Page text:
There may be nine weeks to go before Christmas but NAMA has been living in Santa's magical kingdom for longer than that. For the largest property agency in the world, talk of billions is everyday conversation, so Brendan McDonagh's announcement at a recent Oireachtas committee grilling, er, meeting, that NAMA expected to 'break even' by 2020 may not have carried the sense of alarm that should have had bells ringing all over the place.
We have no reason to believe this statement any more than others emanating from the secretive organisation, which we fund, but whose workings we are forbidden from knowing anything about.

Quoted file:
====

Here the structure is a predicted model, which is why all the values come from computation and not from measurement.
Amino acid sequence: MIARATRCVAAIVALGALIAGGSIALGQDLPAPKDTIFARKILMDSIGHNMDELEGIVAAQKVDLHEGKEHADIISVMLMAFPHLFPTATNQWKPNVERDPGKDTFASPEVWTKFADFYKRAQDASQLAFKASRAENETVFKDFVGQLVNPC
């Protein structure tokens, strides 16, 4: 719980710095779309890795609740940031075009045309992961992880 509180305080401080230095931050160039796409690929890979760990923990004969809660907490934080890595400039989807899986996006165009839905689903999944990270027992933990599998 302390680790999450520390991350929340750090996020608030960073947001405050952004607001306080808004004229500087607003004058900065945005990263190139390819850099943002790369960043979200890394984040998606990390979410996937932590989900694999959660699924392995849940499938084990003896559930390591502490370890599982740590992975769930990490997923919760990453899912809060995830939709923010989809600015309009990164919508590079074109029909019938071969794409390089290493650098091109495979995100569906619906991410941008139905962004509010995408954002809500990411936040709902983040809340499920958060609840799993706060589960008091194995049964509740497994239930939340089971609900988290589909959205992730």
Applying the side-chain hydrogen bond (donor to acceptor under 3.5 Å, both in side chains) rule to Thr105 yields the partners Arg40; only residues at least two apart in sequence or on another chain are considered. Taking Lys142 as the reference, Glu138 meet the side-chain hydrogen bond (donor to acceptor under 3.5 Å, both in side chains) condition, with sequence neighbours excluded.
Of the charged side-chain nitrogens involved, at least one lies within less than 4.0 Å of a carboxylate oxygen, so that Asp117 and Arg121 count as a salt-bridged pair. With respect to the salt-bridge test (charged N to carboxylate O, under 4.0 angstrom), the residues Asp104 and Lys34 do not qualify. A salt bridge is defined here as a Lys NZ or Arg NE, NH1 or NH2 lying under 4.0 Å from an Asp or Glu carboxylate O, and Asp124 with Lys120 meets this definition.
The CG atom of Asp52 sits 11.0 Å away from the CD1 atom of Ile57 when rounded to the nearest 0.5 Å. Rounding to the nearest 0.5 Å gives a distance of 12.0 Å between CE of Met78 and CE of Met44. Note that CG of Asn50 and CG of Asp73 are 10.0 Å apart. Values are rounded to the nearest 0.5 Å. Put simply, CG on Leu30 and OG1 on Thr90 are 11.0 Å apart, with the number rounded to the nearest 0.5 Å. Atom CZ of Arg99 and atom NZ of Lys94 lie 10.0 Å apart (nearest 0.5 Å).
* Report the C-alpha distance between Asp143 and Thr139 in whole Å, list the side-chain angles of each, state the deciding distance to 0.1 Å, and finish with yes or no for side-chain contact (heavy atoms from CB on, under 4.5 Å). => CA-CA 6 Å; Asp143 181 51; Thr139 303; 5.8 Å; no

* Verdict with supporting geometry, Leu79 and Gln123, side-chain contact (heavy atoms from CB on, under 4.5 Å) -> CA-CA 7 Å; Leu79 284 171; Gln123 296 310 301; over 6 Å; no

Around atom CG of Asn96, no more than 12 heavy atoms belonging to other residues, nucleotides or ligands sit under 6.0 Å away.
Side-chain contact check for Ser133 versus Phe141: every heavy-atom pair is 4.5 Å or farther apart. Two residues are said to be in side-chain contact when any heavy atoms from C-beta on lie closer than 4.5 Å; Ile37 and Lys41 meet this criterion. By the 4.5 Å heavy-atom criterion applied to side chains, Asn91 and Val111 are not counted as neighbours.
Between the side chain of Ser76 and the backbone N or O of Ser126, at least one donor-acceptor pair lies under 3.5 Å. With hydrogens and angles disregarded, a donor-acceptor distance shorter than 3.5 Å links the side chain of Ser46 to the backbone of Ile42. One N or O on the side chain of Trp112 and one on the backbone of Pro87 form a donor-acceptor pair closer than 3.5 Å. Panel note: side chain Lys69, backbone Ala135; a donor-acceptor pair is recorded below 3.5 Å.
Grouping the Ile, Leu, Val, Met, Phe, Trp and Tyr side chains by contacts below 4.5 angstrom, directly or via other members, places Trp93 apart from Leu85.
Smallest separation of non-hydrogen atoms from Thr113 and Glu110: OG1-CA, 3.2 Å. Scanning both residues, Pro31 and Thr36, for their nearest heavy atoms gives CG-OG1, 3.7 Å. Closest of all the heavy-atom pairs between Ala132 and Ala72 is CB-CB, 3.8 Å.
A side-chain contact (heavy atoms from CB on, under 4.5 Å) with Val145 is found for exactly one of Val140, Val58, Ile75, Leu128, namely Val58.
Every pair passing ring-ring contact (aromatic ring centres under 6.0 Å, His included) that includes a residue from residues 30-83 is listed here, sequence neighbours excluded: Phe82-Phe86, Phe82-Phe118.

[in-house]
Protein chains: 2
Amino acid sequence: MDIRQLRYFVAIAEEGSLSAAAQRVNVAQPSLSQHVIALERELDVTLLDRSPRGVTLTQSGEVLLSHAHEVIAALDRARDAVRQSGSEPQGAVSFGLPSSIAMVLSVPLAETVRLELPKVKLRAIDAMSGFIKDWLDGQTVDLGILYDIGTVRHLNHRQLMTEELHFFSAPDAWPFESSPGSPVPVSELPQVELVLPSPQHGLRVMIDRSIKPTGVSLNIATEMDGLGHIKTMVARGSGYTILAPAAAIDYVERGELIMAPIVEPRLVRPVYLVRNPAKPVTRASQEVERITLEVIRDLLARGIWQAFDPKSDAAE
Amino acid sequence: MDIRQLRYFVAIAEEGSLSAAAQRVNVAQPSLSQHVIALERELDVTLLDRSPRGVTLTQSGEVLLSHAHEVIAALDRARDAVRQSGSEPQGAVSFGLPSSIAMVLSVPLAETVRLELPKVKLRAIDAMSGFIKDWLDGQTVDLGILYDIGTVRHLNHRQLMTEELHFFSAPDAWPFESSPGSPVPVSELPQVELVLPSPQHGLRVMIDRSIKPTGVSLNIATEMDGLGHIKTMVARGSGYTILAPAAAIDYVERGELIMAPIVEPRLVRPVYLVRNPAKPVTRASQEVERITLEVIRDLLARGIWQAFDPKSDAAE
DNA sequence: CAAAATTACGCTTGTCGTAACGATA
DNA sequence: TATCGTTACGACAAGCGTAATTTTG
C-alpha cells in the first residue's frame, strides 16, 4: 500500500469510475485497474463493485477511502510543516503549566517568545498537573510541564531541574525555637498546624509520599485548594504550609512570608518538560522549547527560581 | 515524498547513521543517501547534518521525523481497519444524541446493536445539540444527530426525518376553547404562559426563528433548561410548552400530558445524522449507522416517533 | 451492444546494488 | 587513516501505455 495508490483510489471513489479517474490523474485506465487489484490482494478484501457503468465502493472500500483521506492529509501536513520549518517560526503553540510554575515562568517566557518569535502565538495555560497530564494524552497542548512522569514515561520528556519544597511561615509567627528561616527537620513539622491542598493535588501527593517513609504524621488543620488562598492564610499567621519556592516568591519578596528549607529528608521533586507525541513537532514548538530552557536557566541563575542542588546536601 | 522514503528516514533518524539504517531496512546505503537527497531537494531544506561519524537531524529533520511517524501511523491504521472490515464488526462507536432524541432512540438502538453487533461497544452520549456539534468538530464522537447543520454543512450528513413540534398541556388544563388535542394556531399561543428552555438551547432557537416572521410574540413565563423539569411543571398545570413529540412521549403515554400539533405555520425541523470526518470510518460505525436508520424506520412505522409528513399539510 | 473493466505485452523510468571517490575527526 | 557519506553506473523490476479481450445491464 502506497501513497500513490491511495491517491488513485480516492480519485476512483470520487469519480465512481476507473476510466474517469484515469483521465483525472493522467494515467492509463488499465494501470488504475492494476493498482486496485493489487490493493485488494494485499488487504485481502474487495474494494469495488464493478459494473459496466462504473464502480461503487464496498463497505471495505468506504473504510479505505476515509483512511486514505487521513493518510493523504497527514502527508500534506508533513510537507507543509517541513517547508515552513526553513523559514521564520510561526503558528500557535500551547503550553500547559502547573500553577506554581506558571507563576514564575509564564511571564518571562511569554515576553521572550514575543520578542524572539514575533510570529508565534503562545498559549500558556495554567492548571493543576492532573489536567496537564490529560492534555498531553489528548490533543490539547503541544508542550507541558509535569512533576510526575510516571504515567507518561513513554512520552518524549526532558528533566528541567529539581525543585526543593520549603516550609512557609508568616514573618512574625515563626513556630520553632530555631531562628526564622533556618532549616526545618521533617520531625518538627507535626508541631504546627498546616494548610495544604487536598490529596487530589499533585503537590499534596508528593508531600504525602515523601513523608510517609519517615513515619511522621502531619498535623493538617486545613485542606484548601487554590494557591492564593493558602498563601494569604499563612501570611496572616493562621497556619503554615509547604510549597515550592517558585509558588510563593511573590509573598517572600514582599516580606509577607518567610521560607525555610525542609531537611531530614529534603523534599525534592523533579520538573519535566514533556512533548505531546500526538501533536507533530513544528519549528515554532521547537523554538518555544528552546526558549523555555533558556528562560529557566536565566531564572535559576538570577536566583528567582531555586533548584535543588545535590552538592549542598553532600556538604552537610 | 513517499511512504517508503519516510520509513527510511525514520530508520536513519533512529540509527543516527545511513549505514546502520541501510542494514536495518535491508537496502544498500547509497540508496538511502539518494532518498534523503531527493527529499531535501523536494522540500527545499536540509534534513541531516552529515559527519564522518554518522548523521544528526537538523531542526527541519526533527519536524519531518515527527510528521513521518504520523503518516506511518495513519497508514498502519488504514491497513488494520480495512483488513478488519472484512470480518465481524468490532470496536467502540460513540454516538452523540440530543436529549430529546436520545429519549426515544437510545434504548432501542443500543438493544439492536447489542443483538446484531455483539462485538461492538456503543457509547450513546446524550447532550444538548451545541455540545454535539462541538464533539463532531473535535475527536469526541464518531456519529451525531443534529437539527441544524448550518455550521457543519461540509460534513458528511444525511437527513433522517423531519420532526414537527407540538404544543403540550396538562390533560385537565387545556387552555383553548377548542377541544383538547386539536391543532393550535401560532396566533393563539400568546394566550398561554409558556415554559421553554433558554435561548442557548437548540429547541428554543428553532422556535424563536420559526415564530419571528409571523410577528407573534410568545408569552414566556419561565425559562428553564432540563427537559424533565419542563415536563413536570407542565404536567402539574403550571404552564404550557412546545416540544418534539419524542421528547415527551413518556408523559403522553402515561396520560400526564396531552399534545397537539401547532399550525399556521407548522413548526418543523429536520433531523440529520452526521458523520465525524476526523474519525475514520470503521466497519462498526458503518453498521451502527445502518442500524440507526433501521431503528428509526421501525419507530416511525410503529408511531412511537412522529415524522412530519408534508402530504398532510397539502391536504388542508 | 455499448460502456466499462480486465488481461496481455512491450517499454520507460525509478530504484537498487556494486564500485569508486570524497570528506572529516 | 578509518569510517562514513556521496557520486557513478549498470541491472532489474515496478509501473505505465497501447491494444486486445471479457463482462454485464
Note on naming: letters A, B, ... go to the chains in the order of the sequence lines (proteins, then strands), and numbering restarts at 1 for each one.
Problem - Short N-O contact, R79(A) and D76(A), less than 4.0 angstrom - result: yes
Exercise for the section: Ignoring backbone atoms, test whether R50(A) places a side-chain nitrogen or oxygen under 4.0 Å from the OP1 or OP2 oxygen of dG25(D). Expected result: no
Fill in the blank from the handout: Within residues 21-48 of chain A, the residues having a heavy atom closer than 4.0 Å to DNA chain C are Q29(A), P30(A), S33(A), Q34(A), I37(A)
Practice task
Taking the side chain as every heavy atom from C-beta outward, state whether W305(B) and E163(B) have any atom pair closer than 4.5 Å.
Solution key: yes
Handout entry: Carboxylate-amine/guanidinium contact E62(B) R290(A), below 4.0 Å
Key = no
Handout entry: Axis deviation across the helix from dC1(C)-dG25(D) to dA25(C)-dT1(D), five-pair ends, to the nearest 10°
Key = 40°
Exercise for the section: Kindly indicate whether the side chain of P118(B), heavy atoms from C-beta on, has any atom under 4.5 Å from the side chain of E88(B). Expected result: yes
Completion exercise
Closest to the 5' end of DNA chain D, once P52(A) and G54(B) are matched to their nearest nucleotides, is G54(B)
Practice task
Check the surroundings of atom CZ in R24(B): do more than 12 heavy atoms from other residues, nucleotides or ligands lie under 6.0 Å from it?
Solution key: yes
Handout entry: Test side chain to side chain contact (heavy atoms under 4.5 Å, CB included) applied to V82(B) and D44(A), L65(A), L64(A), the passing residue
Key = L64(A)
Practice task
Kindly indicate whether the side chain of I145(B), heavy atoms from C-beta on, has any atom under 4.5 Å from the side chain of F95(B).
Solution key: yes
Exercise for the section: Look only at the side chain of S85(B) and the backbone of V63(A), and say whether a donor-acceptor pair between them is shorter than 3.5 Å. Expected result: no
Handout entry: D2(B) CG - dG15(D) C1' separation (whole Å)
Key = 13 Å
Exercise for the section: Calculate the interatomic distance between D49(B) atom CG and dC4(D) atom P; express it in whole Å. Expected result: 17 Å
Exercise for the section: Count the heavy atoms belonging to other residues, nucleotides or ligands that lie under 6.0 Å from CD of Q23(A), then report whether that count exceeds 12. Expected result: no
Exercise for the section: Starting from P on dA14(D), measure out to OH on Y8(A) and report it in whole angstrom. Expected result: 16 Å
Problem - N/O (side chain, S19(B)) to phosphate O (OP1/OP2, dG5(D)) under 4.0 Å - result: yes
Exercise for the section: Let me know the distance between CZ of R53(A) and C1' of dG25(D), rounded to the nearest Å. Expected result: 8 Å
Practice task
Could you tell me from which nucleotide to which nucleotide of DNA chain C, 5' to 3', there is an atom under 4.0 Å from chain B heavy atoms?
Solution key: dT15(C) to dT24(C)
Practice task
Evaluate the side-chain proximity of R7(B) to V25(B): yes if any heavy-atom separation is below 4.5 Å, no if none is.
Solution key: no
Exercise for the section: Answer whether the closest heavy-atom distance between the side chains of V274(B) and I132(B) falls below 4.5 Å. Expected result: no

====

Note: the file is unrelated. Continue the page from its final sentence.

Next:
When NAMA started its unenviable task of shedding the overhang of building stock from bad bank books, it had a beady eye on the UK market in particular. Lavish properties there are more attractive than fields, sorry "sites", in Mullingar and Offaly, which turned out to be the most expensive sheep-grazing facilities on the planet.
It even boasted of a €5bn profit would be made during its tenure. We were impressed. A government agency MAKING money? Alas, it wasn't long before the accounting fairies reduced it to €1bn. But still, a profit's a profit, right?
Well now 'breaking even' is the new code. NAMA's website carries the following consumer message: "If you believe that information contained in this document is inaccurate or misleading, please contact NAMA at firstname.lastname@example.org and NAMA will correct or clarify the information as necessary."
It's getting quite good at that lately.
On Twitter: @sinead_ryan